12. There are a huge number of EMUI themes, many of which include a custom font. But what if a theme installs a font you don't like? How do you avoid being stuck with 'Comic Sans'? Up to now there's been no easy way, as even switching back to another theme doesn't reset the font. For this reason, I have created a special theme that restores the stock font. Install it, apply it, then your stock font is back and you can apply other themes. Simple! The theme can be downloaded from the Play Store here - Font Reset theme for EMUI - Android Apps on Google Play Enjoy! P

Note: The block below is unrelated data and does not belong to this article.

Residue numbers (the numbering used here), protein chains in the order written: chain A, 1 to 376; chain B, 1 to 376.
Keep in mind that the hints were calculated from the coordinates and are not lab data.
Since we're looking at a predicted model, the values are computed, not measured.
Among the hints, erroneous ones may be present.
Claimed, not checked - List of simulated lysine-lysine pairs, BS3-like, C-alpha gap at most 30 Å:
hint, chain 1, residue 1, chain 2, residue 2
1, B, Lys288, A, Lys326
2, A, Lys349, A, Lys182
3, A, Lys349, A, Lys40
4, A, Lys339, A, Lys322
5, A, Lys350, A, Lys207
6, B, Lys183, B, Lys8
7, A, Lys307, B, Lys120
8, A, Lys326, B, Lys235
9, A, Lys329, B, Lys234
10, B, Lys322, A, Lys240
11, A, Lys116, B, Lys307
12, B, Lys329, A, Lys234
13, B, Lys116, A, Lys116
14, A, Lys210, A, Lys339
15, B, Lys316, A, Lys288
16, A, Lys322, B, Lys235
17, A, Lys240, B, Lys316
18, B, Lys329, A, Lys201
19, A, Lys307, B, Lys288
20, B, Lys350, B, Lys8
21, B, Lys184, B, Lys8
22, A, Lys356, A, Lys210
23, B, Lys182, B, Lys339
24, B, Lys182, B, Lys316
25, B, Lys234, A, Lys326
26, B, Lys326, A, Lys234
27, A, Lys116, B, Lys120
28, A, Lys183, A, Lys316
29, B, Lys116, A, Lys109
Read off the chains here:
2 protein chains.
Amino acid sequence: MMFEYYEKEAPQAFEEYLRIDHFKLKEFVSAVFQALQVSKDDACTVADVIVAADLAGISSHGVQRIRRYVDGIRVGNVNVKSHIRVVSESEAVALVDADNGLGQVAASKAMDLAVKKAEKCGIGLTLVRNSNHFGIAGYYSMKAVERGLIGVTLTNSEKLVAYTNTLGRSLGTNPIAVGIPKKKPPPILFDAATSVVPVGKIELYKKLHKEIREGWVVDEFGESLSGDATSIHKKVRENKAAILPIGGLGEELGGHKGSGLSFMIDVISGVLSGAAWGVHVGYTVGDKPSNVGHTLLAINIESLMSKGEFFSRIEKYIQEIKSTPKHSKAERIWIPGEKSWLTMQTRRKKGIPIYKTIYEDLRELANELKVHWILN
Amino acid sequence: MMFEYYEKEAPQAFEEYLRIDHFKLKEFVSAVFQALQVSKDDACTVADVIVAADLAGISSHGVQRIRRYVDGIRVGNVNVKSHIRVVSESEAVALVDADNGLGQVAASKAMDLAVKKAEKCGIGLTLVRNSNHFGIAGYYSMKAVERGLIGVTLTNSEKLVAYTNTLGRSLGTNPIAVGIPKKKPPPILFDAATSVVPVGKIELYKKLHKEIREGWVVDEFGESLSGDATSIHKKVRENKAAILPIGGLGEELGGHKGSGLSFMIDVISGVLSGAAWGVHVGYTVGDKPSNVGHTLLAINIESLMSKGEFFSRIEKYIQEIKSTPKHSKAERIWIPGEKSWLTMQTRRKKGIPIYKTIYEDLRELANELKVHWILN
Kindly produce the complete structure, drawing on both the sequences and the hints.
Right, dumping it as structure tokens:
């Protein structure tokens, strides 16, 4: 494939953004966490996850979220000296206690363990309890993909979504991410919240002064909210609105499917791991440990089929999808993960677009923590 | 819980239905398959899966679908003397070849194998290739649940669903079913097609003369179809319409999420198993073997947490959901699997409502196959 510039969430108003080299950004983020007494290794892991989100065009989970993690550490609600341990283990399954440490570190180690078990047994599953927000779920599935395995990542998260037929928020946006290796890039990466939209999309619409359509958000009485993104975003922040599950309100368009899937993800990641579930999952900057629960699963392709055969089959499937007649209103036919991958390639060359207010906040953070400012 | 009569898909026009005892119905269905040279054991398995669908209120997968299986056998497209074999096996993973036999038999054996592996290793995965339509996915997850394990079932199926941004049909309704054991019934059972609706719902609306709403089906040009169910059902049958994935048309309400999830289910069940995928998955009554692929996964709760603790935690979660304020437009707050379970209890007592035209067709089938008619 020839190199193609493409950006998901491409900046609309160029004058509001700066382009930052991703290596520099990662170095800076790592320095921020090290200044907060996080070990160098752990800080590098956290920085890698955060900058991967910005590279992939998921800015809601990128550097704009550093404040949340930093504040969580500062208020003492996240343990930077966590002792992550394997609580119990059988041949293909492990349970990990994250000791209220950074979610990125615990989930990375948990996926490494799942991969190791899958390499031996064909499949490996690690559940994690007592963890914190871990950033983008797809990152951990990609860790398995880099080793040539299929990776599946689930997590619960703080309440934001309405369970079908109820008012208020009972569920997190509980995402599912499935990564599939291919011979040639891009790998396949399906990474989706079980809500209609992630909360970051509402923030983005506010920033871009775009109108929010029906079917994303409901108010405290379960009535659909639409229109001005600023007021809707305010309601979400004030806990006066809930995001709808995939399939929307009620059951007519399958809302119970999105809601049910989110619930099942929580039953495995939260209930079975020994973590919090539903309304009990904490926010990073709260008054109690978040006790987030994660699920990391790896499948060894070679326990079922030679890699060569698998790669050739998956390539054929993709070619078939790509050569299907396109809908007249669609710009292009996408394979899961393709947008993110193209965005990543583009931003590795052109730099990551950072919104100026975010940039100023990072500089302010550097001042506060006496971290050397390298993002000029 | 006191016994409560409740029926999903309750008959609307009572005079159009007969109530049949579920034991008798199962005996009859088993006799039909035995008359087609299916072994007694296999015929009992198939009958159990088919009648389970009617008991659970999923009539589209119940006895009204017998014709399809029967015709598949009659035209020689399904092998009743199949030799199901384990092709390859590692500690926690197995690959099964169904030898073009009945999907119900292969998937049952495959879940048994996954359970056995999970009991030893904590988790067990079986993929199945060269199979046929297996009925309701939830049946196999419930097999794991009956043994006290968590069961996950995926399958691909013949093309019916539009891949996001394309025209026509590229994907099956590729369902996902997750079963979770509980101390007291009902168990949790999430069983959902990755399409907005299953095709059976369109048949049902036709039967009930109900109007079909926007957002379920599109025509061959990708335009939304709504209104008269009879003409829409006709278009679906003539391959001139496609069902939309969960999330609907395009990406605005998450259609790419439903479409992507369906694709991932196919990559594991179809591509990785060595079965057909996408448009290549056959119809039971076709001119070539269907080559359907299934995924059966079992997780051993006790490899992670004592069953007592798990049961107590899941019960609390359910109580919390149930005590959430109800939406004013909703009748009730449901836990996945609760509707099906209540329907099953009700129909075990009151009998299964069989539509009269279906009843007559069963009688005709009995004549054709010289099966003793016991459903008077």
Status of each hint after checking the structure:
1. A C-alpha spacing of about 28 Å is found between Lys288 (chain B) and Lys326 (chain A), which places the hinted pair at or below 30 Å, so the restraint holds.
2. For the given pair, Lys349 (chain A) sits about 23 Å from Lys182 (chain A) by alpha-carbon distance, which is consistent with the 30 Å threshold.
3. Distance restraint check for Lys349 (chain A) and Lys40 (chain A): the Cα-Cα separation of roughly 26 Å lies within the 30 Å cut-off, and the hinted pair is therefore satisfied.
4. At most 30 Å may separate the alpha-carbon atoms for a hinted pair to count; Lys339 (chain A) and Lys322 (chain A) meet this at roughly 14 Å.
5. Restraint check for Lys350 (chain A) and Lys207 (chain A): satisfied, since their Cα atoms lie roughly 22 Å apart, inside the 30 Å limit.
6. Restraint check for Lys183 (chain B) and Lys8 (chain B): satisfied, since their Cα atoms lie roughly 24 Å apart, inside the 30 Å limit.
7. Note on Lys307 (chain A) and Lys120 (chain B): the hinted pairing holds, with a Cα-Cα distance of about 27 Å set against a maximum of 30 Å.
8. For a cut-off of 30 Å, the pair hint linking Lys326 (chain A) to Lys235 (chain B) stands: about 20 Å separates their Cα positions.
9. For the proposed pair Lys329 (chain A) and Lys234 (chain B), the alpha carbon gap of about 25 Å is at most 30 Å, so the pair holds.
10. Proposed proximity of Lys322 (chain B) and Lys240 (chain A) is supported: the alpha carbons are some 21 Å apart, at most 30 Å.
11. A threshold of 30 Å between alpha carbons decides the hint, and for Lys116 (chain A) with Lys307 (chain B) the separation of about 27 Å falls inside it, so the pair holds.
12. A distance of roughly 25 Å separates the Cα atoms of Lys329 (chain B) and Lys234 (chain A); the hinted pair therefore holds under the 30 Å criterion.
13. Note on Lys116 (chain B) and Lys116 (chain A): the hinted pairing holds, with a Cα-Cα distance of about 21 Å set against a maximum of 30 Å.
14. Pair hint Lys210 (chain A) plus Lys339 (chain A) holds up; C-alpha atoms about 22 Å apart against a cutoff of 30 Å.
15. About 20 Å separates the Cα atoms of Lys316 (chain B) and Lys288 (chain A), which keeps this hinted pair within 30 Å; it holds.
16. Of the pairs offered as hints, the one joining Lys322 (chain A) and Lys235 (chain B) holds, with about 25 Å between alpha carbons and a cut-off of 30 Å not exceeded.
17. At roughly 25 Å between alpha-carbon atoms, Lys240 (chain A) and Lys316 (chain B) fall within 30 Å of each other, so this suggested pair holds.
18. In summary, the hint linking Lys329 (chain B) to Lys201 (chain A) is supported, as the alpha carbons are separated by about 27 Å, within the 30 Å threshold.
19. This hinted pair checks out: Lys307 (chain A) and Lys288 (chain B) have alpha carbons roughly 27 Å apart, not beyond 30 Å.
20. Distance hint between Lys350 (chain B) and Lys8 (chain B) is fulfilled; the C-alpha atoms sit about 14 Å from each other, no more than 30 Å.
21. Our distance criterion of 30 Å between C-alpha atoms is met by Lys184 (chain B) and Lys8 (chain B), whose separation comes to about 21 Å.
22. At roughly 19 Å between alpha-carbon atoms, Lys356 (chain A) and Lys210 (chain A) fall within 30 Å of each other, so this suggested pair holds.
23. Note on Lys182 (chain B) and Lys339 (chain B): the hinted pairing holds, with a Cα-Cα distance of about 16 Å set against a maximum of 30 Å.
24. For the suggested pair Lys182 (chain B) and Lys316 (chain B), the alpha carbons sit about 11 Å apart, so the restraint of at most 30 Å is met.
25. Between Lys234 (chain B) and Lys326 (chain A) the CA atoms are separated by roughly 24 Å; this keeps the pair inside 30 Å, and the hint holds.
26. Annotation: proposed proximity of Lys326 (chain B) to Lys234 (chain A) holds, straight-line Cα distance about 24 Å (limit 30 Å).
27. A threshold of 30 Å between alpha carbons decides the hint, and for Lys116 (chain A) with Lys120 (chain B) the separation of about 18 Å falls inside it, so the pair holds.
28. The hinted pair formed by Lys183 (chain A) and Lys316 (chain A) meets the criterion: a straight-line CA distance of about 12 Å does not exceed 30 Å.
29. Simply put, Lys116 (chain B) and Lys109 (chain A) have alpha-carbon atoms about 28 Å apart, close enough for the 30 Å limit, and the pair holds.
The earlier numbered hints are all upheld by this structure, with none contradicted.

13. MoDaCo team member Simon Lovejoy writes: The power of smart phone photography caught me by surprise really. After returning from a trip to New York I realised that almost all of my pictures were taken on my humble Moto G in glorious 5mp quality rather than the 14mp compact camera we took with us. The Moto was always right there when we needed it. So for a recent trip to Kenya and Zambia the question was what if we threw some more glory at the smart phone? Thanks to Huawei, I took the not even nearly humble Huawei P9 with its’ dual Leica lenses and 12mp sensors to find out. First let's get something out of the way: I don't really know what I'm doing with photography! I know a good picture when I see one, but I couldn't tell you how to make sure you'll get a good picture, or so I thought. Turns out it’s as easy as: take a P9 everywhere you go and snap everything you see. The law of large numbers takes care of the rest. It's then just a case of picking out the good ones. Things I loved The fingerprint sensor Wait, what? How does that help? While everyone else is waiting for the zoom on their camera to open or unlocking their phone like I used to, I've already taken selfies with 3 giraffes and videoed an elephant dancing. Or in the case of this Zebra, I didn’t want to stick around and get in his way but I couldn’t miss the opportunity of a picture this close! Monochrome mode There's something classy about a black and white picture and the dedicated monochrome lens on the P9 doesn't disappoint. These 2 shots from the Avani Hotel at Victoria Falls tell the story for me. OK, the colour one shows you what I saw, but the monochrome captures the mood and emotion. It's somehow less gaudy and it picks up so much light! This is definitely one of the features I'd love to spend more time exploring. Color Reproduction I can't tell you what exactly is working here, or doesn't work with other smartphones I've used, all I can say is that the pictures I see in my gallery look exactly as I remember them. The balance is correct, no blueish hue, not washed out, bang on every time. These 2 are examples. The clouds came over, but we still got the light balance and all the detail is still there. Both one handed shots too! Burst Shoot OK, so this is not exclusive to the P9, but the speed of capture made it really useful! There was an occasional delay where it didn't register that I'd held down the shutter button, but nothing serious. Being able to pick the best of a selection of shots is great, but also the fact that Google Photos automatically turns collections of burst shots into animated gifs makes bringing back the memories even easier Video Here I am feeding a giraffe at the giraffe center in Nairobi (I'm the shorter one with the jacket on). I love the quality, the stability even the sound capture. Once again the colour reproduction is great, worlds apart from the compact camera we took as a backup. Panorama Another pretty standard feature I guess, but again a really smooth experience and captures the moment very well. I really like that the UI shows you how far up or down you go from level as you go along. The stitching is excellent. Pro Mode I guess this is where the real photographers get very excited. I didn’t use it much, but it was great when I did to be able to change the film or shutter speed to lighten up a shot and pick out some detail or freeze some running water as below (1/40 on the left 1/125 on the right). In Pro Mode it gives you an onscreen level indicator which is really nice, it’s also really easy to tweak one setting and let the phone adjust all the rest to compensate. It reminded me of my old 35mm SLR. The Intangible There something about using this phone as a camera that made me enjoy taking pictures. I guess the combination of all that’s written above. But it meant I reached for it constantly and so ended up taking hundreds of shots, some of which I love and keep coming back to. Here are a few of my favourites: Normal Phone Stuff So I’m not a heavy user, but I found I could almost always get 2 days of normal use from a battery charge unless I was killing it with the camera. But even then I only had to resort to my external battery pack on a couple of extra heavy days. Once I’d installed Google Now Launcher, the UI is close enough to stock android not to annoy me constantly, although I would give almost anything for a normal notification shade... which just so happens to be coming (for the most part) in the EMUI 5 Nougat update. Excellent! Build quality is fantastic; it feels premium in the hand. Things I’d change Not much really! I would love for Huawei to provide a tripod accessory. Night mode is pretty useless without one I found. Though I did rig something up from my car vent mount to get this shot in Ireland. There were some times that I needed a zoom lens. I would love even a fixed zoom accessory (2x or 4x would probably be enough) then I wouldn’t feel the need for another camera at all probably. The new Mate 9 provides zoom, a bigger battery (but is also rather large)... maybe the best of all worlds? I’ll be sad to see this little P9 go back. It’s probably the best phone I’ve used for any real length of time. Am I converted to spending north of £300 on a phone? Heart says yes, Wallet says no... but if I was going to this is probably what I’d end up spending it on. Edit by Paul: Since Simon wrote this article, he has bought a P9. I think that says it all! Thanks again to Huawei for the loan of the device.